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The Triple Crown
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By David B. Smith

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iBelieve: Three in One | PDF Version | Study Guide: The God Head

During a family camping trip, little Missie is abducted and murdered by a serial killer. Mackenzie, the distraught father, is beside himself with grief — but gradually finds healing through the loving intervention of three caring friends.

That’s the premise of The Shack, runaway Christian bestseller by William P. Young. This trio of helpers, each with a distinct personality, teams up to restore this lost and emotionally battered parent . . . and readers soon figure out that we’re uncovering the workings of what the Bible calls the Trinity: Father, Son, and Holy Spirit.

Even in the first chapter of Genesis, God speaks of Himself in a plural sense: “Let us make man in our image.” Just hours before He died, Jesus reminded His disciples: “No one comes to the Father except through Me.” Moments later, He referred to the third member of the Godhead: “I will ask the Father, and He will give you another Counselor [Comforter] to be with you forever — the Spirit of truth” (John 14:6, 16, 17).

Christian believers are sometimes accused of being polytheistic — worshiping a multitude of gods — but this is decidedly not the case! The “Triune God” is, as the hymn suggests, “[One] God in three persons.”

The Bible teaches that the Godhead, while being three distinct beings, are one in design and purpose and unity. Their love for the human family is unvarying; all three are dedicated to our healing and salvation. They pursue a common galactic agenda; they never differ in goals or attitudes or feelings of compassion for their creation. They never experience a 2-1 committee vote or possible coup d’état. While here on earth, Jesus spoke regularly about the reality that His Father had sent Him, that to know Jesus was to know God, that Jesus’ love for His disciples was an endearing representation of the fact that God the Father loved them equally. “Anyone who sees Me has seen the Father” (John 14:9).

It is a mystery to us humans — who all too often sense the separateness that divides us even from those we love the most — how God the Father, the Son, and Spirit are completely individual beings with unique personalities, yet so bound together as to be “One God.” For 33 years, Jesus and His Father were millions of light-years apart. Jesus had His own physical form, His own emotions and life experiences, His own daily tasks. And yet He told His followers, “By Myself, I can do nothing. I do My Father’s bidding.” Even the Holy Spirit, third full partner in the “Godhead,” has feelings and desires; He can grieve when we fail and rejoice when we repent. But He is the ambassador from the Father, sent here to seal us into a lasting, unbreakable relationship with our adopted heavenly Dad.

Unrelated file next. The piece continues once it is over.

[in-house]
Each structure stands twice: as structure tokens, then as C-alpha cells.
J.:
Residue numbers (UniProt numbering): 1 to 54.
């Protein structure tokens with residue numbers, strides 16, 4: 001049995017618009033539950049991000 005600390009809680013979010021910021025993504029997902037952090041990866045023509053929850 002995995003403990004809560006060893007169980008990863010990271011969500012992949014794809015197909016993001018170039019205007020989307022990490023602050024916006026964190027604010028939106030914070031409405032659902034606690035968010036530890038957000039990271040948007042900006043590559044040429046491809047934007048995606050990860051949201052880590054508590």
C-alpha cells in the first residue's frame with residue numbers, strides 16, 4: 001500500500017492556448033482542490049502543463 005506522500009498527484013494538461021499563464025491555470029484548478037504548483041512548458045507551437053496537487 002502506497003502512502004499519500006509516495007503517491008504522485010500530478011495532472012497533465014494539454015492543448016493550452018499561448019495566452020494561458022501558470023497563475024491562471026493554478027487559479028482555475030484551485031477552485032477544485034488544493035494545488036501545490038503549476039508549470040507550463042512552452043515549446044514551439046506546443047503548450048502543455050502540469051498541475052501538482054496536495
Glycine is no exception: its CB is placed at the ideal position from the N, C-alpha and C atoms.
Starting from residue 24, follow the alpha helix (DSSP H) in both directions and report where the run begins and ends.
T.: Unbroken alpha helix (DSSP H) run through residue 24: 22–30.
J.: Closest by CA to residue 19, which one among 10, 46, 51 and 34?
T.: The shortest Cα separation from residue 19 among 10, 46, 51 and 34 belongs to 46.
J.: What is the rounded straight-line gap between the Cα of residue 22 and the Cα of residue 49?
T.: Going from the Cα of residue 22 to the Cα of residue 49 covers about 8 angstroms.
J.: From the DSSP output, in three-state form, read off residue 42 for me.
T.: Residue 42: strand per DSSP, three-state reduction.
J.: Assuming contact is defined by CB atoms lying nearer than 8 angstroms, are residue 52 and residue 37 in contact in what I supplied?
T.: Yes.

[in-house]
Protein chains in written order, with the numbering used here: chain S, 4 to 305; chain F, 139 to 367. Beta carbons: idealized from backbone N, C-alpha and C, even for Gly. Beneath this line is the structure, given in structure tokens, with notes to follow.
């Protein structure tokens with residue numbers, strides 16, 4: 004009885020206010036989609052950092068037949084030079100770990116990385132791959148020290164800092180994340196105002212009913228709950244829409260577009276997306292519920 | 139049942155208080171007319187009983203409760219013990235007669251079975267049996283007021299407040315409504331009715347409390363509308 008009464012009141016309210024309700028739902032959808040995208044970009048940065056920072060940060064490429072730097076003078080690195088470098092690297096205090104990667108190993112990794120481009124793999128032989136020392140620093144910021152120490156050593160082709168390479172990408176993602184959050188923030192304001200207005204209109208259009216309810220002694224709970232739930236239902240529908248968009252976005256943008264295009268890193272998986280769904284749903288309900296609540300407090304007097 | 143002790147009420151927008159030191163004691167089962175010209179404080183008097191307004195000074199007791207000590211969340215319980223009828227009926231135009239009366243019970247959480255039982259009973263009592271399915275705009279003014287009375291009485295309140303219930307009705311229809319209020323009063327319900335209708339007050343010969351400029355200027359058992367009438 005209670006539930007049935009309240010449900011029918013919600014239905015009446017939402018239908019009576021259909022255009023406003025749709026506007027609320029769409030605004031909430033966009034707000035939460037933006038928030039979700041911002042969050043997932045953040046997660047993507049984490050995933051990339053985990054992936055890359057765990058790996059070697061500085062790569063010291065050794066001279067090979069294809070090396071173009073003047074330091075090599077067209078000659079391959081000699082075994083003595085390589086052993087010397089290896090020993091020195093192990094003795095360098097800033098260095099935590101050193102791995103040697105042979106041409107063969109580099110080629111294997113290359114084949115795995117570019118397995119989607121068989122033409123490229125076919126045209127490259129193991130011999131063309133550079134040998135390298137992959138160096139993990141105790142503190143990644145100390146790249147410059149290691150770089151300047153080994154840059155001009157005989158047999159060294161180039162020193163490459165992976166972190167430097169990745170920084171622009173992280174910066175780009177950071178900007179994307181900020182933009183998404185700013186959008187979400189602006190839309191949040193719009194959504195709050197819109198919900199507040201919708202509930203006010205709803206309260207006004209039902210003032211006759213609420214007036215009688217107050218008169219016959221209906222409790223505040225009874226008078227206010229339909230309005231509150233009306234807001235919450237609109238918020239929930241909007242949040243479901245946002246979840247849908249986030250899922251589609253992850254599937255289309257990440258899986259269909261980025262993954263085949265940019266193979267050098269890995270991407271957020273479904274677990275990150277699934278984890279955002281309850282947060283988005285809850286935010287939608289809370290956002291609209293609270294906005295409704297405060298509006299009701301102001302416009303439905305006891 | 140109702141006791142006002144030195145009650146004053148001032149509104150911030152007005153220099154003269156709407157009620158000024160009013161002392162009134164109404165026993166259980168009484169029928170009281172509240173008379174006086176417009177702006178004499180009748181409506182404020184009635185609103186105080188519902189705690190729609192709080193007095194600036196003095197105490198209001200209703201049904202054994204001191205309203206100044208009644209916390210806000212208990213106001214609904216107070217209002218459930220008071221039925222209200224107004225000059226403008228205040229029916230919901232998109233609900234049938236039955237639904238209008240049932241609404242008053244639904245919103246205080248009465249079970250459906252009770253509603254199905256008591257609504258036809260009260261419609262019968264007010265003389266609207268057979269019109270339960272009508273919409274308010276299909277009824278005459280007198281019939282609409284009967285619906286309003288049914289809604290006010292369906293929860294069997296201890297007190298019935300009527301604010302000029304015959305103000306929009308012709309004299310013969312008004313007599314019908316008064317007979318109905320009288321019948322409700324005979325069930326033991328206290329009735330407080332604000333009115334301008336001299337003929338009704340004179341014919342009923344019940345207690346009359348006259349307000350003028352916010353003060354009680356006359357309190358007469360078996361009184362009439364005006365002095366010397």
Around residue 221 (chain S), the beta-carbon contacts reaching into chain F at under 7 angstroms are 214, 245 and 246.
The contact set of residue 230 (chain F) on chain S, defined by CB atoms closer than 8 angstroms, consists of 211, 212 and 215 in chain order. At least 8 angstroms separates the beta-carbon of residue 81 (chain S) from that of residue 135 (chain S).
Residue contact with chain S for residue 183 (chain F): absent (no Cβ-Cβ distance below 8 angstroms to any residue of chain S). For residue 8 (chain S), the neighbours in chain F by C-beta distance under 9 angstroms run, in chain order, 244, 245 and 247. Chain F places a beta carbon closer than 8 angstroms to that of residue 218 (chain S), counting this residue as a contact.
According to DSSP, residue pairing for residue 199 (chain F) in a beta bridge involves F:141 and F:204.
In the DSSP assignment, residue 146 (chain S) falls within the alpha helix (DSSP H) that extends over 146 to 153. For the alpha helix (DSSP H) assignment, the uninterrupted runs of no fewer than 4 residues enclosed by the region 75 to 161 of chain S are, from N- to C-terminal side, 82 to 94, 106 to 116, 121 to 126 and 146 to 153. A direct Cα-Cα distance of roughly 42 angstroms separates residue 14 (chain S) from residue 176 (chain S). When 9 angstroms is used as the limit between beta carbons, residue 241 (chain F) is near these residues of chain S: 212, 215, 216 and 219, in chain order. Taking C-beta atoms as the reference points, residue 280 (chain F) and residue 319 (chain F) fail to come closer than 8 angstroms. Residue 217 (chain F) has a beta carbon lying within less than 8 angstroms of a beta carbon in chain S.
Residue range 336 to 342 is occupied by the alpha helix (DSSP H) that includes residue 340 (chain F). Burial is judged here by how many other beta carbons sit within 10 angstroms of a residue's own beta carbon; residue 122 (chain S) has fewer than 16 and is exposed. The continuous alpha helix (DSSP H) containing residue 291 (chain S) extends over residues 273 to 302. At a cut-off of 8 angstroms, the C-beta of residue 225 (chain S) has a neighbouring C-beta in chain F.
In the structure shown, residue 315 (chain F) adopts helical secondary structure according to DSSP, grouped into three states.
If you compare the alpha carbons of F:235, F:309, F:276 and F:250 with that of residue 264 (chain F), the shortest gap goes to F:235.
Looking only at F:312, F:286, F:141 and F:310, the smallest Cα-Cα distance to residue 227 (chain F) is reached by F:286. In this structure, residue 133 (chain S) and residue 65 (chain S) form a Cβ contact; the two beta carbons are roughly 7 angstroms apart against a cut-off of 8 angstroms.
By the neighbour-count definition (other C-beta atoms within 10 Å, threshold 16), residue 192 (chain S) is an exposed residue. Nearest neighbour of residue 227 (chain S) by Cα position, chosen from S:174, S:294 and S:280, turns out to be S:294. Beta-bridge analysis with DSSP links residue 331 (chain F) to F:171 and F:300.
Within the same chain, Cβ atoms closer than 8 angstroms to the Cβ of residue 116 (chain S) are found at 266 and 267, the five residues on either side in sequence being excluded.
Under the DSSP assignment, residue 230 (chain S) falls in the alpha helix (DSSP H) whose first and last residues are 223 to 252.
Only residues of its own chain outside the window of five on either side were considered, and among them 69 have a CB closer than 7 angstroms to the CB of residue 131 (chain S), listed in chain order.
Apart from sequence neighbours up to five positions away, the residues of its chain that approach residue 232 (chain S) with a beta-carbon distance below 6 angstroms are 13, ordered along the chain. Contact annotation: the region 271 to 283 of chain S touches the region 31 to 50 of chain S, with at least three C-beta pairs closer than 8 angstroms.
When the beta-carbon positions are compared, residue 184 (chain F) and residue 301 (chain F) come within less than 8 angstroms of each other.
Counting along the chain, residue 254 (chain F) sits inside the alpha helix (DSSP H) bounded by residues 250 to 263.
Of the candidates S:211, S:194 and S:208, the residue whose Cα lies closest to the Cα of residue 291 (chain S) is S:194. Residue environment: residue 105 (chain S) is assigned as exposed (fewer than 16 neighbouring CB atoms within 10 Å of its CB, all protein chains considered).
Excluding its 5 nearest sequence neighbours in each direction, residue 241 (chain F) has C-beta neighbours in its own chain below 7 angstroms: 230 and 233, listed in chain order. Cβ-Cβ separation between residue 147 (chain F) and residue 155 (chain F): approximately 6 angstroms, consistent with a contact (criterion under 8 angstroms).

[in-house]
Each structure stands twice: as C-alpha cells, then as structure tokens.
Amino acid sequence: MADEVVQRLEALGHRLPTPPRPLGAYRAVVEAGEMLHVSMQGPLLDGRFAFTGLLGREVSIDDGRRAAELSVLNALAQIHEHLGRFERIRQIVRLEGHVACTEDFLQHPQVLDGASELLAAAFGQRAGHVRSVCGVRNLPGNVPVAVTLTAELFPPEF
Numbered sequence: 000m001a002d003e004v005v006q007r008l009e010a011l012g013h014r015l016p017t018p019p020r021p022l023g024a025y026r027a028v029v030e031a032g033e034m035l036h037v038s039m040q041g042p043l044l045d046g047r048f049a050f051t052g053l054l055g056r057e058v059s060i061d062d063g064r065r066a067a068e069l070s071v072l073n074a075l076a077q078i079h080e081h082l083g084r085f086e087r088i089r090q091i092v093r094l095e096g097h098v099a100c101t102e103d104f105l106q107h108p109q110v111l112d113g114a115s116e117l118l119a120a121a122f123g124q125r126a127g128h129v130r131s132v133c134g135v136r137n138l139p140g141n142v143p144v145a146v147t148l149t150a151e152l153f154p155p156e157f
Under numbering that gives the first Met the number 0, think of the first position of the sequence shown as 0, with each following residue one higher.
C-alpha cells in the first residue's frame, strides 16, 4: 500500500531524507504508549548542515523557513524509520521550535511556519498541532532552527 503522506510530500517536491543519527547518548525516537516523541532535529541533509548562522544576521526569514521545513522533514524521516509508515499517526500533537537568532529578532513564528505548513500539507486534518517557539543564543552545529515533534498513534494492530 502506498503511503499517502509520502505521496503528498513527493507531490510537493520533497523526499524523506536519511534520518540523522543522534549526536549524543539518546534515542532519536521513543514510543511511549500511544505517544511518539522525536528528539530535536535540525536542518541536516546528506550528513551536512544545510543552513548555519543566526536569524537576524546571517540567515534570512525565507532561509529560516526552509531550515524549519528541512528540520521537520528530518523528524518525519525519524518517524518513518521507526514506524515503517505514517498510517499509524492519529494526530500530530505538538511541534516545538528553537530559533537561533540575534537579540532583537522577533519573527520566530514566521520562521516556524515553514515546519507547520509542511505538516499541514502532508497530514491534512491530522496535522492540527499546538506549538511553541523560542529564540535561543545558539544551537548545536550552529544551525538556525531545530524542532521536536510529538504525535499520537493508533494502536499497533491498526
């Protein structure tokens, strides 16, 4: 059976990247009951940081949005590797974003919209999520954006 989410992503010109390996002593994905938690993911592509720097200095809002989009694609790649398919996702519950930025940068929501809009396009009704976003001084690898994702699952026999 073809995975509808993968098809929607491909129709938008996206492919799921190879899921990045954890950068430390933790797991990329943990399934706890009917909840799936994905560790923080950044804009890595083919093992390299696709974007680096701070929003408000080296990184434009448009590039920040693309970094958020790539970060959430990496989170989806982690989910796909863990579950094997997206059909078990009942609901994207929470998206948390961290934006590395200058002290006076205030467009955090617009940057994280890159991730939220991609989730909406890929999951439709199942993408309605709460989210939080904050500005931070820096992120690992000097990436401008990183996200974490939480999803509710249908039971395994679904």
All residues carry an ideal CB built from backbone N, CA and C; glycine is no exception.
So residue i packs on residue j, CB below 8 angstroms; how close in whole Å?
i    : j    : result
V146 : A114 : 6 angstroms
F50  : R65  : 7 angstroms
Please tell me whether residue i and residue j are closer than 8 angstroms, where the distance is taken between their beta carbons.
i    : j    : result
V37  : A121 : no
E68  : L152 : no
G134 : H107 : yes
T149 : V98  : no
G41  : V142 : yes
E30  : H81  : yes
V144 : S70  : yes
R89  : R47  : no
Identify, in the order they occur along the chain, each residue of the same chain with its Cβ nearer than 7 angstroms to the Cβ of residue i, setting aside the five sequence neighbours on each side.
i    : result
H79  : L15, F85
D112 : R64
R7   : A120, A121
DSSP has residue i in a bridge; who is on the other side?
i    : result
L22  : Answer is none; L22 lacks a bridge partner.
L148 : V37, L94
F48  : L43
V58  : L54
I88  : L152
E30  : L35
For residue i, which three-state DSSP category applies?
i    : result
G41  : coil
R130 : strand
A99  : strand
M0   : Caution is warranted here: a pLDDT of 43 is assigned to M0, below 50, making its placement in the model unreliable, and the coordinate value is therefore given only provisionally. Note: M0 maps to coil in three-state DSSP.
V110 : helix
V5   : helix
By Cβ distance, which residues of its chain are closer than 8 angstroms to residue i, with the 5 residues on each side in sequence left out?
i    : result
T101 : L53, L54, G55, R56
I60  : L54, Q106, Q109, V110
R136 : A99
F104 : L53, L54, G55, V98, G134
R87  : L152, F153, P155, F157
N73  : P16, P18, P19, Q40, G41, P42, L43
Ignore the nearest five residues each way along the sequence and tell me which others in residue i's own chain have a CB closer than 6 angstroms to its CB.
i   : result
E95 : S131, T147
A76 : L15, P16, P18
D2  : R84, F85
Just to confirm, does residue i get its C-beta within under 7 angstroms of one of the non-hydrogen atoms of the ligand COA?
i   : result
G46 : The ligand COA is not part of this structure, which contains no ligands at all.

Historic Christianity willingly accepts the mystery of the Trinity, believing that all three Members in this circle of love are all-powerful, all-knowing, eternally existent. Jesus the Son is not “lesser” than the Father; God did not, at some distant point in past history, travel to a maternity ward and “have” Jesus. C. S. Lewis uses the illustration of books on a table: a second book resting on the first book. Both have been there for millions of years, indeed, for all time; the second book’s position is due to the first book’s position. Jesus, he suggests, is that second volume, the shining forth of the Father’s glory and love and witness. He is the eternal expression of the Father’s abiding care and power. Both — make that all Three — extend back to an endless eternity . . . and forward into our own present and future.

The most important truth we must express and cherish is that Father, Son, and Spirit are indivisible in their plan to rescue us. The Bible speaks of Jesus as a Mediator — but this doesn’t suggest that a reluctant Father has to be persuaded to accept the Calvary payment. John 3:16 asserts that “God so loved the world that He sent His only Son.” Borrowing from the gospel line penned by Cleland McAfee: “O Jesus, blessed Redeemer; sent from the heart of God.”
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David B. Smith writes from California. (2 of 28)  His web page is davidsmithbooks.com. Biblebay Copyright © 2014. Click here for content usage information.